Hard-driving but clean, lively and passionate, traditional yet original; Colin Grant’s fiddle playing has stepped to the forefront of the East Coast traditional music scene. Although most at home with traditional Cape Breton fiddle music, his versatility as both a lead and side musician has given him experiences in a variety of traditional styles, in addition to folk, rock and country genres. Besides having received an ECMA nomination for Roots / Traditional Solo Album of the Year for his self-titled debut album, Grant currently performs with contemporary Celtic instrumental group Sprag Session and the new traditional quintet Còig.
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Gaelic supergroup Dàimh are a 5 piece band based in Lochaber in the Highlands and Islands of Scotland; an area as much renowned for its scenic beauty as for its rich musical and cultural heritage. From pyrotechnic jigs and reels to achingly poignant ballads, Dàimh runs the full expressive gamut of folk music at its best, and are justly renowned for their thrilling live shows. They have released 5 studio albums. Their most recent, Tuneship, once again sees the band blazing a new trail in the Scottish music scene with their own instrumental compositions skillfully integrated with traditional Gaelic Songs.
Internationally recognized as a master of stringed instruments, Dave MacIsaac is a musician’s musician. He plays traditional fiddle tunes with fiery passion, and his stunning guitar playing, whether solo or as accompaniment, is industry legend. Always interested in expanding his knowledge of Celtic music, Dave has thousands of recordings of Cape Breton traditional music. He also possesses an archival knowledge of tunes, and is often called upon to name that tune for recordings, as well as being in high demand for session work. John Allan Cameron often stated that, “If a cod fish had strings… Dave MacIsaac could play it!”
Exceptional among modern fiddlers for his versatility and depth, Darol Anger has helped drive the evolution of the contemporary string band through his involvement with numerous path-breaking ensembles such as his Republic Of Strings, the Turtle Island String Quartet, the David Grisman Quintet, Montreux, his Duo with Mike Marshall, and other ensembles. An Associate Professor at the Berklee School of music, he has recorded and produced scores of important recordings since 1977, and is a featured soloist on dozens of recordings and motion picture soundtracks.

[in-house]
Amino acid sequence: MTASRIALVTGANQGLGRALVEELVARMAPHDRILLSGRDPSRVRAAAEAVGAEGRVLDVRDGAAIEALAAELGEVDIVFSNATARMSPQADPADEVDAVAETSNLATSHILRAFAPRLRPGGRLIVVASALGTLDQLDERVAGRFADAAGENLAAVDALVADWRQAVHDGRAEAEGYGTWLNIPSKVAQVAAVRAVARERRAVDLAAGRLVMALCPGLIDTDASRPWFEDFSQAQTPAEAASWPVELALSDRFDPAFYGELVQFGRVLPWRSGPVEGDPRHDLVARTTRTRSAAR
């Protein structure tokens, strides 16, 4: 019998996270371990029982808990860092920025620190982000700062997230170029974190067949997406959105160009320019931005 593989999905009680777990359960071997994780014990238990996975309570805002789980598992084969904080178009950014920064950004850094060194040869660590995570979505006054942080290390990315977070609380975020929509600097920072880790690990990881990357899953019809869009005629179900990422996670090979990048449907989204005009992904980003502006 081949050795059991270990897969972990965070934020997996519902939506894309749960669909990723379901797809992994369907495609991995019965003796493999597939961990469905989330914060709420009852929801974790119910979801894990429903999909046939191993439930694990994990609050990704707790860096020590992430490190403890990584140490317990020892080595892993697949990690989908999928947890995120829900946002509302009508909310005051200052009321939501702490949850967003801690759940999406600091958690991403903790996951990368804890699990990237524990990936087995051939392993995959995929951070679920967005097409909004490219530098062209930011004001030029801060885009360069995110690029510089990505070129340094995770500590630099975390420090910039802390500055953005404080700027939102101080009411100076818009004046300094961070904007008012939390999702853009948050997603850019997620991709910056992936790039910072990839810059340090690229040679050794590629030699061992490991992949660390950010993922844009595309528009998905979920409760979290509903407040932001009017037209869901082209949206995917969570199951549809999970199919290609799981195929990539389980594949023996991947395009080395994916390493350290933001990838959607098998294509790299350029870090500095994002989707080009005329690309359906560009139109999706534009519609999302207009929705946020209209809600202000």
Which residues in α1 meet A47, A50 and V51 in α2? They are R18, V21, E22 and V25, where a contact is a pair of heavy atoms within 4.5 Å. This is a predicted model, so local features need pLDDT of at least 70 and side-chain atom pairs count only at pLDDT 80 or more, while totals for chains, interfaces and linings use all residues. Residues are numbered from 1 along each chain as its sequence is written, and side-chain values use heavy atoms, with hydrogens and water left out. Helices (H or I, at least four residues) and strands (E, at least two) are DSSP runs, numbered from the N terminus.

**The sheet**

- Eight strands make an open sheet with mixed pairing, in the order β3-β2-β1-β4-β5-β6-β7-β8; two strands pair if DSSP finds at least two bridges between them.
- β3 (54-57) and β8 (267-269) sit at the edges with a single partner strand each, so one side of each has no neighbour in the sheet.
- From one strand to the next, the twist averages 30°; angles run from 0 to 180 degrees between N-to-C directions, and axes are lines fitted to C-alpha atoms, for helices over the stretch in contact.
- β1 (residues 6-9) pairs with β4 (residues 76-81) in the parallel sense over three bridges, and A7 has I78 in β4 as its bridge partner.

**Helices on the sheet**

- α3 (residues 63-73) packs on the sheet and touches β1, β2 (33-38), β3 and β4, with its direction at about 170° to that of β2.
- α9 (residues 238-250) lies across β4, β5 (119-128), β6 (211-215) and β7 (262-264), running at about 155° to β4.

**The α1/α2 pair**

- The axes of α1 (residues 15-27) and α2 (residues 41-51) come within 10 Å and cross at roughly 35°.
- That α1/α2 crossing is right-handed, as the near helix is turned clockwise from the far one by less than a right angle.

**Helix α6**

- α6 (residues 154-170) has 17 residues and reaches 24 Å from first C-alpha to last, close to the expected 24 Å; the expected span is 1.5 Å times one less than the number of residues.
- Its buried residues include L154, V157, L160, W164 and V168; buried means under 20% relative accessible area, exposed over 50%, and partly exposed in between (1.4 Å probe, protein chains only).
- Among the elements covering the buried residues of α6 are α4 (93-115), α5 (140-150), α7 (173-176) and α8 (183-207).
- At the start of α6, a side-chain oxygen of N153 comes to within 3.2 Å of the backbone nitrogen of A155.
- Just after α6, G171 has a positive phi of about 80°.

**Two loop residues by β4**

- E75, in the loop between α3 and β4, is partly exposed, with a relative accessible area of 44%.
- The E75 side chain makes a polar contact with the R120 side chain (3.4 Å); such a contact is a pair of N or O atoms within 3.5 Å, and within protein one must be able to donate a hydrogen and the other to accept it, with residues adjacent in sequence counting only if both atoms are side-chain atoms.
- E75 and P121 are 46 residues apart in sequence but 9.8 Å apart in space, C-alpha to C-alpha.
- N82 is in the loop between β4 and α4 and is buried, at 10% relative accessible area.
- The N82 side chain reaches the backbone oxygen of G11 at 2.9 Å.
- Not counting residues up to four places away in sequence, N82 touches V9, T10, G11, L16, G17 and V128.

Derrick and Melody Cameron live in Mabou, Cape Breton on the small dairy farm where Derrick was raised. Melody is an accomplished Cape Breton style dancer and fiddle player. They have performed together throughout Canada’s Maritime Provinces and the New England States and have released three recordings. Derrick and Melody are currently acting as coordinators for a Féis Mhàbu project named “The Mabou Musical Mentorship Program”. The program’s focus is on using house sessions to bring together talented young performers of Cape Breton music and dance with well established tradition bearers.
Donna-Marie DeWolfe, of River Tillard near St. Peter’s in Richmond County, has been playing Cape Breton fiddle music since she was ten years old. As a child, Donna-Marie heard plenty of fiddle music at home. Her father, a Cape Breton traditional music lover, always had fiddle music playing in the house. Donna-Marie is very active in Cape Breton’s music scene, playing for ceilidhs and dances around the island and as in-house fiddler at the Celtic Music Interpretive Centre in Judique where she regularly entertains visitors from around the world. Donna-Marie lists Shelly Campbell as a big influence on her playing.
Dara Smith-MacDonald, originally from Antigonish, began playing the fiddle at the age of 12. For the past number of years she has been playing at concerts, dances and ceilidhs and teaching fiddle lessons both in her home and over Skype to students from Canada, the USA and Scotland. She has also been teaching fiddle at the Gaelic College for over a decade. Throughout her years playing music, she has traveled to all the Atlantic Provinces to perform and teach as well as parts of the United States.
Helen MacDonald and Dawn MacDonald-Gillis began step dancing at the ages of 5 and 8 under the tutelage of Kaye Hanrahan in New Waterford. With strong ties to the Iona area, they grew up surrounded by traditional Cape Breton music. By the time they had reached their teen years, their synchronized footwork saw them invited to perform in many concerts in Cape Breton and beyond. They began teaching step dancing, both privately and for other dancing schools in the industrial Cape Breton area. They both continue to teach step dance workshops.